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Thursday, April 14, 2011

The Mantilla in Vogue Italia


American Vogue might be the biggest and heaviest, French Vogue (under Carine Roitfeld, at least) the raunchiest, but Vogue Italia has always had a firm reputation for being the most creative, and even weird. Tis in the Italian one that you will see the slimmest, fizziest haired, raccoon-eyed models dragging on cigarettes or decked out in full Catholic funeral attire complete with a black lace mantilla. How fabulouso, door-link! Its outspoken editor in chief, the diminutive, Rapunzel-haired firebrand, Franca Sozzani, let fans into a secret about the mag this week.

It turns out, Steven Meisel has shot every single Vogue Italia cover since 1988, which is 325 in total. Crikey! So Franca, just per che do you like Steven M so blimmin’ much, eh? Because ‘I needed to have a consistent, recognizable look to every cover. My idea was that even if you took the word “Italia” off, you know what Vogue Italia is. Many magazines don’t seem to have a connection between one cover and the next, and it becomes hard to tell them apart. Especially today — images can be printed in such a high quality, but that also flattens them out, in a way. There’s a similar problem in fashion. Everyone can buy clothes — the most accessible clothes are not of the best quality, but unless you look at the label, you don’t know who it’s by. It’s this kind of oversaturation that makes me believe we are on the brink of another huge change’ apparently.

Huh. Well, that kinda, explains it. It must be either that or he has some terrible blackmail evidence about Franca. Although we LOVE the idea of a long running narrative using each cover as a chapter in the visual story; like a posh version of Deirdre’s casebook! Now, THAT would be cool.

Wednesday, April 13, 2011

Composer James MacMillian comments on a "tsunami of mantillas" in Amsterdam

Article below. 
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An Extraordinary Form Mass in Amsterdam – much more inspiring than the usual trendy rubbish



I was in Amsterdam last week, conducting at the Concertgebouw. I found out that the FSSP (Priestly Fraternity of St Peter) have a thriving parish there, in the Sint-Agneskerk. I went along on Sunday for their beautiful Extraordinary Form liturgy. The Dutch church is a wasteland/joke/disaster area because of 30 years of liberalism. Basically there are no Catholics left here! Or so it seems sometimes, thanks to the usual rubbish. Thankfully there are some younger, faithful Catholics willing to swim against the tide.
I’m still a bit of a novice when it comes to the EF – Sunday’s was my third – but I am struck each time by just how devotional the atmosphere is, even on entering the church. Everything seems focused on the tabernacle. There is a palpable presence of God, which tends to be missing from a lot of churches now, which feel more like Glasgow Central station than a house of prayer.
In the FSSP’s Amsterdam church there was a veritable tsunami of mantillas on display! There is a liberal argument in Holland which is opposing the government’s crackdown on Islamic women wearing the hijab/niqab/burka. Those same liberals who would have a fit if they saw a mantilla in a Catholic church, no doubt!
I certainly got the impression that the people present on Sunday were being helped enormously in their faith, much of which has been swept away in Holland. Many ethnic/immigrant faces in evidence. It reminded me of the Newman Beatification Mass at Cofton Park. Compared to this, the anti-Pope demonstrations in London looked terribly white and middle-class. Just like most opponents of Rome, outside and inside the Church.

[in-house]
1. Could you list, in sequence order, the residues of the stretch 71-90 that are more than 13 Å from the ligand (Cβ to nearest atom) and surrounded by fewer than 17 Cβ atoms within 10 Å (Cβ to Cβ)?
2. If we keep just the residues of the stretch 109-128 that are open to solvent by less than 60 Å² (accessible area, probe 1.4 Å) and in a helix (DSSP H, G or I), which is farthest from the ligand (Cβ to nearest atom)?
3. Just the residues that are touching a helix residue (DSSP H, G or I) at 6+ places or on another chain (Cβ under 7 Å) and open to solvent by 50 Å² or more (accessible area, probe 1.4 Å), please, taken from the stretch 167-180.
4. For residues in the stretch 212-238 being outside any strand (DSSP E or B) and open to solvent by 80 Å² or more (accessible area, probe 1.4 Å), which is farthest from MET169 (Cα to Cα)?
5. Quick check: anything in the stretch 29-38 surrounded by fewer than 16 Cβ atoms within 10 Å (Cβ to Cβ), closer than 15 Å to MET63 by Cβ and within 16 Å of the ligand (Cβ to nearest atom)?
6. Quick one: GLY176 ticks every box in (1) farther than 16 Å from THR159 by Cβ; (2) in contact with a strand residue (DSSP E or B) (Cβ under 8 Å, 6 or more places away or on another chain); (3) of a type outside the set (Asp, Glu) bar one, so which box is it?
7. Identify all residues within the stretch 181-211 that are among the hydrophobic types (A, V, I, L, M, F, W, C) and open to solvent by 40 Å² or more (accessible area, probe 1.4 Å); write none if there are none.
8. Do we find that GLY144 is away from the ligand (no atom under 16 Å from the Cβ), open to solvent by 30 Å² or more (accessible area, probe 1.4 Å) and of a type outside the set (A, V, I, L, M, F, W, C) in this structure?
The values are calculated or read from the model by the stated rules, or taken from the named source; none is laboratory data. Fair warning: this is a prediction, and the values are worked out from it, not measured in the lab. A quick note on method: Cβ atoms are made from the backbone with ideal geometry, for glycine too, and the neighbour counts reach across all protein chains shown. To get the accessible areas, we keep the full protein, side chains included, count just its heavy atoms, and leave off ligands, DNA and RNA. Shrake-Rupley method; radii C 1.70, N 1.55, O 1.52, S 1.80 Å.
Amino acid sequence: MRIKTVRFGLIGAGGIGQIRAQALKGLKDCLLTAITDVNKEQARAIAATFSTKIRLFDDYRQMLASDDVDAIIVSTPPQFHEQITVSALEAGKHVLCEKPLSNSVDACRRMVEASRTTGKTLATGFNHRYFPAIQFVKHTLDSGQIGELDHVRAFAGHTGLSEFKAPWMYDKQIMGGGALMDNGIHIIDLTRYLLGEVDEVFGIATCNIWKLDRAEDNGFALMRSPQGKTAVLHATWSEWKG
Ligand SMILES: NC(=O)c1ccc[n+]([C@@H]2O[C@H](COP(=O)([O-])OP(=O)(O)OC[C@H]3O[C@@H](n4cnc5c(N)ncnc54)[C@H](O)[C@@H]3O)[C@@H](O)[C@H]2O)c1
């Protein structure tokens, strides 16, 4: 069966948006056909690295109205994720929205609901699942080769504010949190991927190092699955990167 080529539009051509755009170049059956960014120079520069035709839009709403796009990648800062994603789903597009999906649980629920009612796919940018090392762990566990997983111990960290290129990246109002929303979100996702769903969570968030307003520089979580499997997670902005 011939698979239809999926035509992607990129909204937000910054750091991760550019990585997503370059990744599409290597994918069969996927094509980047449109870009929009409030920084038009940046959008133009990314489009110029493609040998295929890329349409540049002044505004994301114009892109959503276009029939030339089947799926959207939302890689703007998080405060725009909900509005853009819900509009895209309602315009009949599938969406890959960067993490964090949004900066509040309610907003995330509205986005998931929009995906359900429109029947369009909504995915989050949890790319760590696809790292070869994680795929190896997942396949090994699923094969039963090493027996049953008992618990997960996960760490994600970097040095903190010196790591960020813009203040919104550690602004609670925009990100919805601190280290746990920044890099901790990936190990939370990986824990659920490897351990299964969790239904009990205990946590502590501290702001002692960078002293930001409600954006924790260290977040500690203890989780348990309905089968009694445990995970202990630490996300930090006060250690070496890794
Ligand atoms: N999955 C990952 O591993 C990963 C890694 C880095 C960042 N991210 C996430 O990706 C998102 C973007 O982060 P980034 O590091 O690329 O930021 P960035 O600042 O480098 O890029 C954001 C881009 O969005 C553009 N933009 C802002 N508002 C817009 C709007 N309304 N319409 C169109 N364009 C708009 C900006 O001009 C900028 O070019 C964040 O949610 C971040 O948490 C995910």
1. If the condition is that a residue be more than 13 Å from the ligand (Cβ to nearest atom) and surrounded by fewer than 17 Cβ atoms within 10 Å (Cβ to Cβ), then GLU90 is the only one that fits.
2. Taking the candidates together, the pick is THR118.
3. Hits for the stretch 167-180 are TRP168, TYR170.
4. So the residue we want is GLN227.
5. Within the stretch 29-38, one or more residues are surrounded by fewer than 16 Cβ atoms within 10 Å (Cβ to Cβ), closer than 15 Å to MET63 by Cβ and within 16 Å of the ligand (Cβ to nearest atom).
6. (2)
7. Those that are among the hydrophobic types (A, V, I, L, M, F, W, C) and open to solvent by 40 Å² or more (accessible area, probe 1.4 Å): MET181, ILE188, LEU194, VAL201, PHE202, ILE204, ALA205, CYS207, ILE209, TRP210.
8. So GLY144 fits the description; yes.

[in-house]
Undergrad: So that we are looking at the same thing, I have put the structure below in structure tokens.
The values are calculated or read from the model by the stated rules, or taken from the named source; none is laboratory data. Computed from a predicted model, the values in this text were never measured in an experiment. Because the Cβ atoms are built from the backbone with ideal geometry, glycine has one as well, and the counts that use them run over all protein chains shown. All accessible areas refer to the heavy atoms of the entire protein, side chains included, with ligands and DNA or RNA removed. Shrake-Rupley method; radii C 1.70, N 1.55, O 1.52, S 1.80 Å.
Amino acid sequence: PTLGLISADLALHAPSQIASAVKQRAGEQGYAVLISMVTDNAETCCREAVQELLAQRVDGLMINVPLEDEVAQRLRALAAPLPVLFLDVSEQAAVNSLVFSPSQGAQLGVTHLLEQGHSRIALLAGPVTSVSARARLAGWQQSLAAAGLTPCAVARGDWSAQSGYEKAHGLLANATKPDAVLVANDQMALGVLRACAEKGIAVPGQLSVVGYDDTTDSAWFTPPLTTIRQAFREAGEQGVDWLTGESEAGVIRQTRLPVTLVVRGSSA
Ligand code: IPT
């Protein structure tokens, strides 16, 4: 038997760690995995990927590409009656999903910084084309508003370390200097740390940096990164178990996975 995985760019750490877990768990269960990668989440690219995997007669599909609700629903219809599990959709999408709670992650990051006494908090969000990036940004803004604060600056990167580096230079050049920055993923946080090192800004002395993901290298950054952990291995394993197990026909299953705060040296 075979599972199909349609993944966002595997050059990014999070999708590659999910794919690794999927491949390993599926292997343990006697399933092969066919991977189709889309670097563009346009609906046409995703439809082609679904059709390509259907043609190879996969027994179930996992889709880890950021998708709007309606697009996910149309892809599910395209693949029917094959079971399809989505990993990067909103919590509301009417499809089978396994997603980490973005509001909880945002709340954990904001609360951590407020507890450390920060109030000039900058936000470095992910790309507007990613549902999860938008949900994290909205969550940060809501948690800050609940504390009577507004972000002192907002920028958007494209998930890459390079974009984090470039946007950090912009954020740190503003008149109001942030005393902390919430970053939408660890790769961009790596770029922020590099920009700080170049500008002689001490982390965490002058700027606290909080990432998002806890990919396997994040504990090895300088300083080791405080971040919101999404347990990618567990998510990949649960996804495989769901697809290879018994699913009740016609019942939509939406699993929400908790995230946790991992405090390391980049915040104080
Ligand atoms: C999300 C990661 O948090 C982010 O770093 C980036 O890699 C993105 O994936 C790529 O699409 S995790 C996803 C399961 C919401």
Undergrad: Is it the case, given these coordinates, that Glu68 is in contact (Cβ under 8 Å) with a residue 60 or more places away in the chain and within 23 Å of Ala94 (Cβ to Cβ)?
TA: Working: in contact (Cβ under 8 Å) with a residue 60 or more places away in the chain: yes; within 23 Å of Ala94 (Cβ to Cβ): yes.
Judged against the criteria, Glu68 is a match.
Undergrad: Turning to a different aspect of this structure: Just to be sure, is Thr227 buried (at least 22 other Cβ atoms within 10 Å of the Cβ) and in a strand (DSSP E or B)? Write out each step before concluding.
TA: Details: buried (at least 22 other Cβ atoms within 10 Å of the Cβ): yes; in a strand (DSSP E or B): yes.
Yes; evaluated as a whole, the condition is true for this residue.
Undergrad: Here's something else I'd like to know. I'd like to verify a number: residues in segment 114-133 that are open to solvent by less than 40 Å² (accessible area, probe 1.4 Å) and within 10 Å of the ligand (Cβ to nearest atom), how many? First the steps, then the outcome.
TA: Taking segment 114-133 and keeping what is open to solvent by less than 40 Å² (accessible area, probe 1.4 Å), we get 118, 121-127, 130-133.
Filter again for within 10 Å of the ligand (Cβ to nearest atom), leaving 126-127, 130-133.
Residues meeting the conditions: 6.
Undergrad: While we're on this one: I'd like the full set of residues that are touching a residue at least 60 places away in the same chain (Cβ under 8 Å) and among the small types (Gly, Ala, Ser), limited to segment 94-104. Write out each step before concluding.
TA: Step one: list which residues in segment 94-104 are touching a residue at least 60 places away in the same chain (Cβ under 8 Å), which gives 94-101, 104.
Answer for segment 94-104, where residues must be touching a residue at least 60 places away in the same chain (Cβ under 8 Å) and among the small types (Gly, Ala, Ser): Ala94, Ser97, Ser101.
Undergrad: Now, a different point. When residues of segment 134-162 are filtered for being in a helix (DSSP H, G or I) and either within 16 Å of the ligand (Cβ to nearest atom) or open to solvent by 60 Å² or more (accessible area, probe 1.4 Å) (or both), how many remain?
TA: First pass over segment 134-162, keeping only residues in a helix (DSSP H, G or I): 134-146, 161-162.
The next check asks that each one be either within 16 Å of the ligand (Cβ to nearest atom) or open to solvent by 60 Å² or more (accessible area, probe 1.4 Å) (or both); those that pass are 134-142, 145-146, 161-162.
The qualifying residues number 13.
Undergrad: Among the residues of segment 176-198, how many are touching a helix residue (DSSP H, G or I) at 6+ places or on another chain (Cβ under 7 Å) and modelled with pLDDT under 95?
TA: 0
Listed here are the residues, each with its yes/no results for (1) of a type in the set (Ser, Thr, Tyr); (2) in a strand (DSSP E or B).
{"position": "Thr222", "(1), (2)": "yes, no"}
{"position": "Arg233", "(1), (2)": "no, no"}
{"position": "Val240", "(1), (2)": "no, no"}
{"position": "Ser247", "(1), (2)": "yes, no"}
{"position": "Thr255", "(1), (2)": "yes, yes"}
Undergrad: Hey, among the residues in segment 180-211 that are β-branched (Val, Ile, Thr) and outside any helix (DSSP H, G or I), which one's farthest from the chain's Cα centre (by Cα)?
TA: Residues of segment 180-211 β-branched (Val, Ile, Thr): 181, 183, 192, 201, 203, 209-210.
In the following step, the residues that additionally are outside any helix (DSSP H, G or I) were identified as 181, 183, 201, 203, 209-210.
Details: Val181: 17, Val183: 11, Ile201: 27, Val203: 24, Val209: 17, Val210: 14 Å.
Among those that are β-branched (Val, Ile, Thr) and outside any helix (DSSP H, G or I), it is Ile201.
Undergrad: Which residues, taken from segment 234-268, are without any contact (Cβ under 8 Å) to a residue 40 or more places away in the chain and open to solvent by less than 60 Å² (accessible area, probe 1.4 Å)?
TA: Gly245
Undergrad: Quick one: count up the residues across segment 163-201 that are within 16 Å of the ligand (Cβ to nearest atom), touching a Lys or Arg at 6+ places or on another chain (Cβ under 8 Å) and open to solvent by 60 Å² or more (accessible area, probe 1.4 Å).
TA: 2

“Ah, but we can’t go back to the past,” we hear the usual ageing handwringers cry. But the past is the past, and has no bearing any more on the new impetus to sort out the liturgy. Latin Mass can be in the EF and the Novus Ordo – that’s the beauty of Latin, and that’s why the Devil (let alone the Tabletistas) hates it!
“Oh but where is the active participation in the Latin Mass?” cry the liberal killjoys. But lay involvement is clearly possible to the fullest extent in the EF or Latin Novus Ordo. In the three EF liturgies I have attended in the last year, the assembly sang much, much more than one ever sees or hears in a Glasgow “Mass-for-Daily-Record-Man” or its depressing equivalent up and down the country. Everything from the Asperges Me, through the Kyrie, Sanctus and all the Dominus vobiscum/et cum spiritu tuos – sung by EVERYBODY. There is no point in using the past, pre-Vatican II practice as a weapon against the inevitable. None of the young Catholics now committed to good liturgy have any idea what the old curmudgeons are going on about when they moan about the bad old days. Their bad memories are irrelevant and have no bearing at all on the push for improvements. And these improvements will have a bearing on both forms the Mass, especially the English vernacular, I’m sure.
Even the readings – chanted in Latin – were understood by everyone, because we had the translations in Dutch and English in our bulletins. I have never felt so participatory. These “readings” were heightened and holier because they were sung, and in an elevated tongue. The whole experience was sublime – ie, the way it should be every week in the Novus Ordo, and will be again once the Reform of the Reform has been won. Much better this than the usual lackadaisical mumbling and stumbling that we usually get, with all the right-on social/political messages thrown in for good measure. The only bit of the Mass I didn’t understand on Sunday was the homily, in the vernacular – Dutch.